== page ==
The one other time she remembers that level of emotion happening is when she performed opposite Jessica Lange in a stage production of The Glass Menagerie. Lange played mother Amanda to daughter Laura, played by Paulson. “Amanda comes home and she’s yelling at Laura, who starts shaking,” she says of a scene they’d done over and over again. “Jessica picked up the glass ornament and says—and I’m going to butcher the line here—‘All you care about is this glass menagerie!’, and the glass breaks, and I burst into tears in a way I could not do again if I tried. It was a beautiful moment, one I was deep enough into that I felt it had really happened.” Paulson was 18.

Sarah Paulson And Elizabeth Reaser

Arriving at the premiere of The People vs. O.J. Simpson with actress Elizabeth Reaser.

Sarah Paulson And Pedro Pascal

With actor Pedro Pascal at the 2016 Screen Actors Guild Awards.

It was one of Paulson’s first roles after graduating from Manhattan’s famed High School of Performing Arts. Then she didn’t work for a year.

“It was like a big cold glass of water thrown in my face,” she told actress Julianne Moore in Interview. “I would go on auditions, but I just wasn’t getting anything. And then I got a phone call out of nowhere to do a Hallmark movie with Jack Lemmon… It was my first time working with someone who I had admired so much, and he was so kind to me. One of the last things he said to me was, ‘Don’t ever forget how good you are, and don’t ever let anyone tell you different.’”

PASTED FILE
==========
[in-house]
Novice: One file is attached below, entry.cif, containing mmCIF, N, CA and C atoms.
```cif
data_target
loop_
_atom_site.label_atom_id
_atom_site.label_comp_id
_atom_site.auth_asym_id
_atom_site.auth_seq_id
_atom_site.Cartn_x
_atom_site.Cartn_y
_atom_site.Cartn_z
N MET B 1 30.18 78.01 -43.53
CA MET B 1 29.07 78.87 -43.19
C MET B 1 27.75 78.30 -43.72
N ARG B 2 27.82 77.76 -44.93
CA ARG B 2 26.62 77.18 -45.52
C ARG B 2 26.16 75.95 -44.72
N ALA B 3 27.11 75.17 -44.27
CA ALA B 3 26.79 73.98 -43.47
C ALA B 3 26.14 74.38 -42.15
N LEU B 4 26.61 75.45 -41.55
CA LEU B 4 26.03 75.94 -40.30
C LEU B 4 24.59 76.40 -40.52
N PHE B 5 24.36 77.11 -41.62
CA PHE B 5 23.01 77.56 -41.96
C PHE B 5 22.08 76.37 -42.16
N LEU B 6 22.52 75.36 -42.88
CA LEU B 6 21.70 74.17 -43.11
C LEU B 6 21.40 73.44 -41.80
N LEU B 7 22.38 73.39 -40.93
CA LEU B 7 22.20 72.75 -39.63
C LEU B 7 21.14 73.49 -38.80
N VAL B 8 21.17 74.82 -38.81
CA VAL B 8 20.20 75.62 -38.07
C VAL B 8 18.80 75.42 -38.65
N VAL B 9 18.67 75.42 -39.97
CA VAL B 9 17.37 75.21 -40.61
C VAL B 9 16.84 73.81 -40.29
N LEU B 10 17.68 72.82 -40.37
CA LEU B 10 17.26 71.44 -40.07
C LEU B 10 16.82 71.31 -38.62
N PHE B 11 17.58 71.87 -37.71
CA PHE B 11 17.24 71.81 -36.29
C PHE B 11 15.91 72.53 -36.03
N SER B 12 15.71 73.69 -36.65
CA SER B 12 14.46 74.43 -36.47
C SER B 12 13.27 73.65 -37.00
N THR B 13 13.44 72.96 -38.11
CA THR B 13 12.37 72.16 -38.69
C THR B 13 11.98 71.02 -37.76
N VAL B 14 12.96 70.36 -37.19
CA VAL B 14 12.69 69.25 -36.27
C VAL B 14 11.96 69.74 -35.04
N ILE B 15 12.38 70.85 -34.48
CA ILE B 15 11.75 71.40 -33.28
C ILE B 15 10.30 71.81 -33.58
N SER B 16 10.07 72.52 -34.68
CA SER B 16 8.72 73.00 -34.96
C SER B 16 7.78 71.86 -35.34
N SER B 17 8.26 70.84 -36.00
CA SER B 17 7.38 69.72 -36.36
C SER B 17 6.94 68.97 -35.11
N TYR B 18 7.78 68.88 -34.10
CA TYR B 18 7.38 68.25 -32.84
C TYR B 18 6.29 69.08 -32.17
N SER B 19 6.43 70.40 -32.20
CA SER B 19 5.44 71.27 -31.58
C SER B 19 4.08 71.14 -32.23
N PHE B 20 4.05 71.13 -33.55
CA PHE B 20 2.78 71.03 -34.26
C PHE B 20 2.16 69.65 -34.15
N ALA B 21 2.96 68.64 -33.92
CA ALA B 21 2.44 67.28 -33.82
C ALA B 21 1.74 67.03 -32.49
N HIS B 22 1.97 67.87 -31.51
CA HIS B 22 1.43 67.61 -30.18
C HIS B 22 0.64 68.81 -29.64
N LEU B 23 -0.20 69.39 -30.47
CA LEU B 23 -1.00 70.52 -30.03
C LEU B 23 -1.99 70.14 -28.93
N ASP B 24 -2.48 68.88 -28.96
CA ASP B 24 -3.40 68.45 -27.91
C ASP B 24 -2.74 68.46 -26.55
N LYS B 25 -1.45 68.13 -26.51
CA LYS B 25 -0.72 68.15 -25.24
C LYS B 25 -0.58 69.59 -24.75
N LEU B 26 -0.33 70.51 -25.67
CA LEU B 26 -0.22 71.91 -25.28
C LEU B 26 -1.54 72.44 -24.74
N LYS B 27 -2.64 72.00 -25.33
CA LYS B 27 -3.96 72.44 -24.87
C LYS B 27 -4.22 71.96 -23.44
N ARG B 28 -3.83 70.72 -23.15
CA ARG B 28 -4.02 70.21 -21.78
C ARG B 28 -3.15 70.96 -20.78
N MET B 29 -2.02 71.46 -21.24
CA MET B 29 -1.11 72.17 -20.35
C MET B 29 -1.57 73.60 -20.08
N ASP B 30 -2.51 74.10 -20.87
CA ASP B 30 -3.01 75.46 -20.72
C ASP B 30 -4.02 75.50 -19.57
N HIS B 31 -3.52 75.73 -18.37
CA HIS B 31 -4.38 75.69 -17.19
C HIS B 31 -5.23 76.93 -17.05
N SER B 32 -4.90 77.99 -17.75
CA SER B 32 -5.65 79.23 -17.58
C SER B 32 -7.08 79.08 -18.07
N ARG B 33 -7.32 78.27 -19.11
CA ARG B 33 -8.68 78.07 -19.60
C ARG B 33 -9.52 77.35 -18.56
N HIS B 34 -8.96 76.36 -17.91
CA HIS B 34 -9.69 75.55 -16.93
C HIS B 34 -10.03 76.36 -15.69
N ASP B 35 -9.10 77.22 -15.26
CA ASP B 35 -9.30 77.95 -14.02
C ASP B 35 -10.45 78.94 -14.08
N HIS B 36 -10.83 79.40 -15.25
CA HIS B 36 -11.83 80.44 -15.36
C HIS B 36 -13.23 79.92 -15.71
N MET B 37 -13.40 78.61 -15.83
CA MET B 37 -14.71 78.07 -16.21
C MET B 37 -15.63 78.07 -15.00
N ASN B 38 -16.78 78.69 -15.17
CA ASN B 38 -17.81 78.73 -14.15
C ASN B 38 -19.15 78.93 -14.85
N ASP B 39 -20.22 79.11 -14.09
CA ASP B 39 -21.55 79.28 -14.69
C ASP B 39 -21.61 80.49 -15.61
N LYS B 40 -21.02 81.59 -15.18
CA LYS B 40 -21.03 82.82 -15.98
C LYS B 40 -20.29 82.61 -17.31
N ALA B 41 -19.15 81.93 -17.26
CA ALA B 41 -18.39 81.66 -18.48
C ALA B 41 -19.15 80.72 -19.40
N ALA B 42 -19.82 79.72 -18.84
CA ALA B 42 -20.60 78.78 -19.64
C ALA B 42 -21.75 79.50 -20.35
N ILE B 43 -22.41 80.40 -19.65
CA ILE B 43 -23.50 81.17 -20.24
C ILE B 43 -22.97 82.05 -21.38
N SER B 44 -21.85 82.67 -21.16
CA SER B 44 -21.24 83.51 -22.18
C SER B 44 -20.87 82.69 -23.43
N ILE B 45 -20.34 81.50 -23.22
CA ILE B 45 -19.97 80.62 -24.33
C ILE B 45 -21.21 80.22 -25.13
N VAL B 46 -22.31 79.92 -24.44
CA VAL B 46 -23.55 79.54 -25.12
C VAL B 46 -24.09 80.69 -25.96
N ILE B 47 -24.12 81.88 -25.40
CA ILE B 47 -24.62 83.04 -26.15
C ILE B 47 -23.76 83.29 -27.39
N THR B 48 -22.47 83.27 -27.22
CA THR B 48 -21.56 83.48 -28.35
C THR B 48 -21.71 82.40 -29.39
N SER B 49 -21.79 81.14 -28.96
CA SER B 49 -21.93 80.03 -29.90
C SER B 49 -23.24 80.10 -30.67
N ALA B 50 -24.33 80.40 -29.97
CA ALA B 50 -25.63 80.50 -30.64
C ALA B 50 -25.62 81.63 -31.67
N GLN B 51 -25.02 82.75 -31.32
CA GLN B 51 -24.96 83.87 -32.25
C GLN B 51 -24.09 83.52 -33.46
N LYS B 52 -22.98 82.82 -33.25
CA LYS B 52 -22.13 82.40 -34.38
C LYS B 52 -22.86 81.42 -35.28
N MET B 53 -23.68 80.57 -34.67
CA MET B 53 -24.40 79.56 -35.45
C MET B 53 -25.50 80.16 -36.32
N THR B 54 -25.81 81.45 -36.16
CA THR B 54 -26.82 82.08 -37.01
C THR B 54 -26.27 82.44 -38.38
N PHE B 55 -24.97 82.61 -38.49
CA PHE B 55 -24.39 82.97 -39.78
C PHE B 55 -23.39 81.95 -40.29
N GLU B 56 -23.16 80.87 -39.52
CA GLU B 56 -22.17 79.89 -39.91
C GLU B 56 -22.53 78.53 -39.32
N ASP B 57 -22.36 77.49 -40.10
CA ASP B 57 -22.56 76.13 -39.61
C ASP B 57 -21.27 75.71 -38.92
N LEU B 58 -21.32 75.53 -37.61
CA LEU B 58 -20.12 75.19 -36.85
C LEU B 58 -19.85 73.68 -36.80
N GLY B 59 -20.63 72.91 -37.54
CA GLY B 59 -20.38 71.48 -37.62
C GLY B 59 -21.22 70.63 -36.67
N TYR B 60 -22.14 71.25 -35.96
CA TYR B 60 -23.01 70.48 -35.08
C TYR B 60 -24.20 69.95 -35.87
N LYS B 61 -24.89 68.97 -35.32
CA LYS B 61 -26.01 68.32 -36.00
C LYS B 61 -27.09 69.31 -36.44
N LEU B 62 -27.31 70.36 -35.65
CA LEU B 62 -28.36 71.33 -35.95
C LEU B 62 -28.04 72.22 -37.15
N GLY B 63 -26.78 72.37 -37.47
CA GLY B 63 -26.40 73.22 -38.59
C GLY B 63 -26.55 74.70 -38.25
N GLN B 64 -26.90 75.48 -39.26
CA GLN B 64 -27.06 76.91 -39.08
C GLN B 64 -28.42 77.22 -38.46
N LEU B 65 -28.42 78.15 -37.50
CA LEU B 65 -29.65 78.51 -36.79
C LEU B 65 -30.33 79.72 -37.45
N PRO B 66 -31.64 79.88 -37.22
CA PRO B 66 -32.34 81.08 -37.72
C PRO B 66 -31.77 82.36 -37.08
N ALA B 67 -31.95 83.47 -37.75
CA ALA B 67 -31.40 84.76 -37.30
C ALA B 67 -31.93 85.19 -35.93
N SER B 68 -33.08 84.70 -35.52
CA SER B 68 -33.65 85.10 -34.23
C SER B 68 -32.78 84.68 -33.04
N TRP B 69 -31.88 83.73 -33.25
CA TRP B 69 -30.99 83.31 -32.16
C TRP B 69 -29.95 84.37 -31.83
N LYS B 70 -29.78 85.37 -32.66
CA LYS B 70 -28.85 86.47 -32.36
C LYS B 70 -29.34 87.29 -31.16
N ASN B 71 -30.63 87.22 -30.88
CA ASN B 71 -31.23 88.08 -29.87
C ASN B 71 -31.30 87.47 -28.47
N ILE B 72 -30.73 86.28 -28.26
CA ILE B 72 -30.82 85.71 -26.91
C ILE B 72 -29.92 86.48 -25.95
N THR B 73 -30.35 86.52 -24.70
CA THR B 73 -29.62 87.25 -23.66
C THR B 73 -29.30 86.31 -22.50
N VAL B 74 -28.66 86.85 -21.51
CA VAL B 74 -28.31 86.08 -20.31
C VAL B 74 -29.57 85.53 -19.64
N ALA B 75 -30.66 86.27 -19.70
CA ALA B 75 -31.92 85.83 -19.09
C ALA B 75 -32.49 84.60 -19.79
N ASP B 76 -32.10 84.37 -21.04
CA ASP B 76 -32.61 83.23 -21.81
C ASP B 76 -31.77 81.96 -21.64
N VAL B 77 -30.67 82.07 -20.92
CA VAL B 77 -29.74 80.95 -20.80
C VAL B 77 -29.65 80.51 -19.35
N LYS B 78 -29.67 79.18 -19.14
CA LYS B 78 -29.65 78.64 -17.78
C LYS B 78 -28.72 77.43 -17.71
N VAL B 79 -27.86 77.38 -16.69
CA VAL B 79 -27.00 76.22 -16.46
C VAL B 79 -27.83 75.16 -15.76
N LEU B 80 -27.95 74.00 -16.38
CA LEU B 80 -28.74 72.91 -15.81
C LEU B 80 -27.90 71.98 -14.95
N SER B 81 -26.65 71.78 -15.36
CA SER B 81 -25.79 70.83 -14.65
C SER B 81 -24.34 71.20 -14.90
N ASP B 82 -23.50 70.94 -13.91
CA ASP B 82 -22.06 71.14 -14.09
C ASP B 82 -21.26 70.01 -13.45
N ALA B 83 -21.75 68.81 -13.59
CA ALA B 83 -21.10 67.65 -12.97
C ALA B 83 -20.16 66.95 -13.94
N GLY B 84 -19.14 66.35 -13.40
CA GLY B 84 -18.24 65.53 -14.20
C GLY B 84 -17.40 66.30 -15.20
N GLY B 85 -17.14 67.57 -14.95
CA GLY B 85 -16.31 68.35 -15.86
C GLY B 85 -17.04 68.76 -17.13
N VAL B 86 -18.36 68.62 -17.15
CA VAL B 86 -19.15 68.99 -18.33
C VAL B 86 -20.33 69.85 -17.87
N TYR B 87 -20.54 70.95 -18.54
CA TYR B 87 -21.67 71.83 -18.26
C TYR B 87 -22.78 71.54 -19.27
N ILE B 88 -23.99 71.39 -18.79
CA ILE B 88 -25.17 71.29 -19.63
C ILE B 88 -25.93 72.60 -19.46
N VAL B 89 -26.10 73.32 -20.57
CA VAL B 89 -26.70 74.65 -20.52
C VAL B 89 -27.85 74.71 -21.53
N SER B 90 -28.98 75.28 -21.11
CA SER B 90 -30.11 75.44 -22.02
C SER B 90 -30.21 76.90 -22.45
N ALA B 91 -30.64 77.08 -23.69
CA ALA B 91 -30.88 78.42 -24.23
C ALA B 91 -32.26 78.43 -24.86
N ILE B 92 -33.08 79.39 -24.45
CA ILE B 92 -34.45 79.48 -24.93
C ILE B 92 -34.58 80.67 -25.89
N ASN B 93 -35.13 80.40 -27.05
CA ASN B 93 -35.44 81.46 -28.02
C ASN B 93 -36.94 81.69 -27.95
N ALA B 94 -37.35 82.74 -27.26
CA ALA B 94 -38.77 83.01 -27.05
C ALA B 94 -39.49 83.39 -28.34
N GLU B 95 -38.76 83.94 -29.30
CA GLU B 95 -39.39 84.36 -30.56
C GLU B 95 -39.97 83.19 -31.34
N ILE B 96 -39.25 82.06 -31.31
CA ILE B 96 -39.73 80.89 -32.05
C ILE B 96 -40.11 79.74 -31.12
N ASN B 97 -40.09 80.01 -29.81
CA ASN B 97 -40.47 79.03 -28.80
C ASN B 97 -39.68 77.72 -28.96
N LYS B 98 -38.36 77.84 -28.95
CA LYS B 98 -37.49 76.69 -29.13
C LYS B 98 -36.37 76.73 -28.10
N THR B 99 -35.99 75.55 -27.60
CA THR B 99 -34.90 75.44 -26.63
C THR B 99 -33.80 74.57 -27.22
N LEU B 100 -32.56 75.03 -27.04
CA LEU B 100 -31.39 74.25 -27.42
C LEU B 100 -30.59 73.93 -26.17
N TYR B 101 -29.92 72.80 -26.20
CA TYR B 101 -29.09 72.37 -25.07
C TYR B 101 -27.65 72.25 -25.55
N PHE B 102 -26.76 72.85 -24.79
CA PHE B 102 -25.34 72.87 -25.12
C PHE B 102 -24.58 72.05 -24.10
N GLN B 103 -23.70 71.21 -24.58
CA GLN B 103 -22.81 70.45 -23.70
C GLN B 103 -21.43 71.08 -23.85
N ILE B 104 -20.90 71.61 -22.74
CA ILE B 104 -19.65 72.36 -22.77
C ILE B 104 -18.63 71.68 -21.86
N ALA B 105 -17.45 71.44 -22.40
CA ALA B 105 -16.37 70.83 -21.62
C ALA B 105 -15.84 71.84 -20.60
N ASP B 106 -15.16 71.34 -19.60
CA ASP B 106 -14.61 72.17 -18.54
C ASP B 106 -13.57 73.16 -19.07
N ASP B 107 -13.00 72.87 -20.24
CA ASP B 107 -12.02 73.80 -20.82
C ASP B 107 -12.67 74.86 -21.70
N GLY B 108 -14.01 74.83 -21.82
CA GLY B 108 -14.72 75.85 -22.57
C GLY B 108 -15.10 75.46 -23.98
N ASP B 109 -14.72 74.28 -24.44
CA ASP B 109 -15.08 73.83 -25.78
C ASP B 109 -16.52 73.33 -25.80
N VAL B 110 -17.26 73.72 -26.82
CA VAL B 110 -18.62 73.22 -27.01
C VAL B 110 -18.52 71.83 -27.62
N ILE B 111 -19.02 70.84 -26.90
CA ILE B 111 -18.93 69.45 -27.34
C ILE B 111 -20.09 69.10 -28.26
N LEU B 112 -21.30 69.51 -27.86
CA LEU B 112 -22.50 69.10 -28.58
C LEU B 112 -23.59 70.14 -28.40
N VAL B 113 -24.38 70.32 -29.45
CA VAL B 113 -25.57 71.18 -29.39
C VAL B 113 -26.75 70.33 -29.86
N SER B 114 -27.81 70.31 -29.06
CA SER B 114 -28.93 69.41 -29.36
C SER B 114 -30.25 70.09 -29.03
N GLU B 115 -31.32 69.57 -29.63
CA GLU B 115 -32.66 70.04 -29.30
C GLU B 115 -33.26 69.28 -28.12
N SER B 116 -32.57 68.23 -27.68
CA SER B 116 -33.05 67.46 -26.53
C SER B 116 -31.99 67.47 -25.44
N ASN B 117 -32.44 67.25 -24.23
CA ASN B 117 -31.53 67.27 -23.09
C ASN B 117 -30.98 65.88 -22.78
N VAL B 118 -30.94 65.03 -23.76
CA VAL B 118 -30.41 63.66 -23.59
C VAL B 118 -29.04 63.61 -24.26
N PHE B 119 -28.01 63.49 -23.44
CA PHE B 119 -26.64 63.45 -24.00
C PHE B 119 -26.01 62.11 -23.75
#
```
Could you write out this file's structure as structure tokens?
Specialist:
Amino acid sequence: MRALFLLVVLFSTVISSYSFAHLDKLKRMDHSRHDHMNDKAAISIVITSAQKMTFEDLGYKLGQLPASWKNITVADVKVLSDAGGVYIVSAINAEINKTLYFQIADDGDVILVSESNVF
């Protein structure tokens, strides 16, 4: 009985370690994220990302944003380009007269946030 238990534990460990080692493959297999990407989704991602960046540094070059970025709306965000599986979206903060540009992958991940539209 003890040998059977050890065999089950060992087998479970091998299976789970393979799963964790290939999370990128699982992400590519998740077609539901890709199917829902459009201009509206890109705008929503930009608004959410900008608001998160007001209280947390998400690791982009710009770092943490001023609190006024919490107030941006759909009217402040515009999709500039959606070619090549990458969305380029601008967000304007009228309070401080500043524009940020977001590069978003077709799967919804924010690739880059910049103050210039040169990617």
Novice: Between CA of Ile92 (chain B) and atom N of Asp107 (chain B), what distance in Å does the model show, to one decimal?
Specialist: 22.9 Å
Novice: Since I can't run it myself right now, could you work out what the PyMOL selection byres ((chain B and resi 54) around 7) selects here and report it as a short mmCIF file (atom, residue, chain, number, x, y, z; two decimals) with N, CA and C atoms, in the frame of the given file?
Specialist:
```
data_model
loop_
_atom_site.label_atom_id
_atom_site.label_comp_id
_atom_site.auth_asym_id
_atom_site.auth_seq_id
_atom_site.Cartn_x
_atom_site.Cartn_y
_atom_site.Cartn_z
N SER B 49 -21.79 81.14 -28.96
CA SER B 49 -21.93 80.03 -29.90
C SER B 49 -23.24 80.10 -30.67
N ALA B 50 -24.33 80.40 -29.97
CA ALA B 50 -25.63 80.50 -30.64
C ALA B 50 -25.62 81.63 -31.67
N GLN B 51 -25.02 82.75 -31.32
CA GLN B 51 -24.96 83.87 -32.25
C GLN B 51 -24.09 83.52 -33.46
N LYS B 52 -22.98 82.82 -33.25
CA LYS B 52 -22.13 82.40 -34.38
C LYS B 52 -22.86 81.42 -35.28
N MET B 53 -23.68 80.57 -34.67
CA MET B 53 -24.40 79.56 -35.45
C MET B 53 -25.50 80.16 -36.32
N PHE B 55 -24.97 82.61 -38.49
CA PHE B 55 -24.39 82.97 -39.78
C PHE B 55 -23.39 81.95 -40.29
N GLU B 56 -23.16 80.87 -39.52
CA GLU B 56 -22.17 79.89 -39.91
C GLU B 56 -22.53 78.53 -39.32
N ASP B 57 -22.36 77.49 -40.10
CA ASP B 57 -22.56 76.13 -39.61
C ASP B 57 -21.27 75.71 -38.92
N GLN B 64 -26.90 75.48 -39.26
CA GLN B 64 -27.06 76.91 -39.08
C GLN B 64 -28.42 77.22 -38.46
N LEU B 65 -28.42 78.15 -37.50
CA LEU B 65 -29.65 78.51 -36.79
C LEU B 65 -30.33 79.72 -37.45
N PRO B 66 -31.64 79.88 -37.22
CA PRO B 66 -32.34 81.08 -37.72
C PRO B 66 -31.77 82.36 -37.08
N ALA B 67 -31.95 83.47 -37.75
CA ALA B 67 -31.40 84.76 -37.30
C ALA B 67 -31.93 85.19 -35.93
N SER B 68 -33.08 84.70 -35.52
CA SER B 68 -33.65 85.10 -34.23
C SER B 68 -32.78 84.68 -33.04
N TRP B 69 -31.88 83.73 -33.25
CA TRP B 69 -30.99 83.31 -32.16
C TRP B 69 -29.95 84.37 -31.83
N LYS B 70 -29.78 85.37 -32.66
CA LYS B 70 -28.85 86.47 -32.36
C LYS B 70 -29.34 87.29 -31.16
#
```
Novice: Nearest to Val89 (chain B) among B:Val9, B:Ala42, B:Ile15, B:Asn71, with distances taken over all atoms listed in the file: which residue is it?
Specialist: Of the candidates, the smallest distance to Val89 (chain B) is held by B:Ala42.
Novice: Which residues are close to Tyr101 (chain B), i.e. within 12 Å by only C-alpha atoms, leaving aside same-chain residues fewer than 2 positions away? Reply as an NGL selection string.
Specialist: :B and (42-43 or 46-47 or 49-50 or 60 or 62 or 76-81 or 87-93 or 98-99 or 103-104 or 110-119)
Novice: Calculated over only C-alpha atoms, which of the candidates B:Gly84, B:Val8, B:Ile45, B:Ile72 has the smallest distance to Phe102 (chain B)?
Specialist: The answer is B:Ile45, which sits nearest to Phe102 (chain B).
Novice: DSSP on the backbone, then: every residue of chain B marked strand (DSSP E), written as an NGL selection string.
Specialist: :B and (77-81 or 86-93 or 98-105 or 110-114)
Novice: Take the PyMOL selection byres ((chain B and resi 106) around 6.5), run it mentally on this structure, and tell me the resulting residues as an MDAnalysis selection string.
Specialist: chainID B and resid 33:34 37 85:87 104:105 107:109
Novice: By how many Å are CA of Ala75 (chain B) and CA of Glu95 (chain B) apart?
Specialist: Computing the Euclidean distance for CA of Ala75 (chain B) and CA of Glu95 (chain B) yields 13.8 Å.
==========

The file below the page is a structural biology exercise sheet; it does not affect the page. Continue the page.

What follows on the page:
Lemmon certainly wasn’t the last person to praise her talent. “Working with Sarah Paulson has been the highlight of my career thus far,” Sterling K. Brown, who played attorney Christopher Darden in People vs. O.J., told E! News. In an interview with The New York Times, Ryan Murphy—who has directed her in both Horror Story and People vs. O.J.—described her as having “a real faculty for being somebody else. If I said, ‘Sarah, next year you’re going to play Pope Francis,’ she’d say, “OK!’”

Sarah Paulson At Museum Of Modern Art

Sarah Paulson at the Museum of Modern Art’s 8th Annual Film Benefit honoring Cate Blanchett.

It’s that level of dedication to completely becoming a character that not only left audiences in awe of her performance as Clark, but also led her to decide not to watch herself when the series came out.

“I’m not expecting all this to be ripped away from me anymore—I always had a secret fear that would happen,” she says. “I’ve worked long enough that I feel I can relax and not watch my work and pick it apart. I felt very connected to [playing Marcia]. There was such a positive reaction to my work that I thought, ‘I’m going to try to enjoy this. For once, let it be what everyone is telling you it is.’ I was so proud and thrilled and personally affected, and on top of it all, a reaction that was so positive. I was 40 and I’d never had that. It was lightening in a bottle.”

Somehow we think that won’t be the last time lightening strikes.

[©Image 1 courtesy of Reuters/Alamy Stock Photo Reuters, Image 3 courtesy of FX Networks, Image 4 courtesy of Wilson Webb/The Weinstein Company, Image 5 courtesy of FX Networks, Image 6 courtesy of Ga Fullner/, Image 7 courtesy of Joe Seer/, Image 8 courtesy of PR Photos/]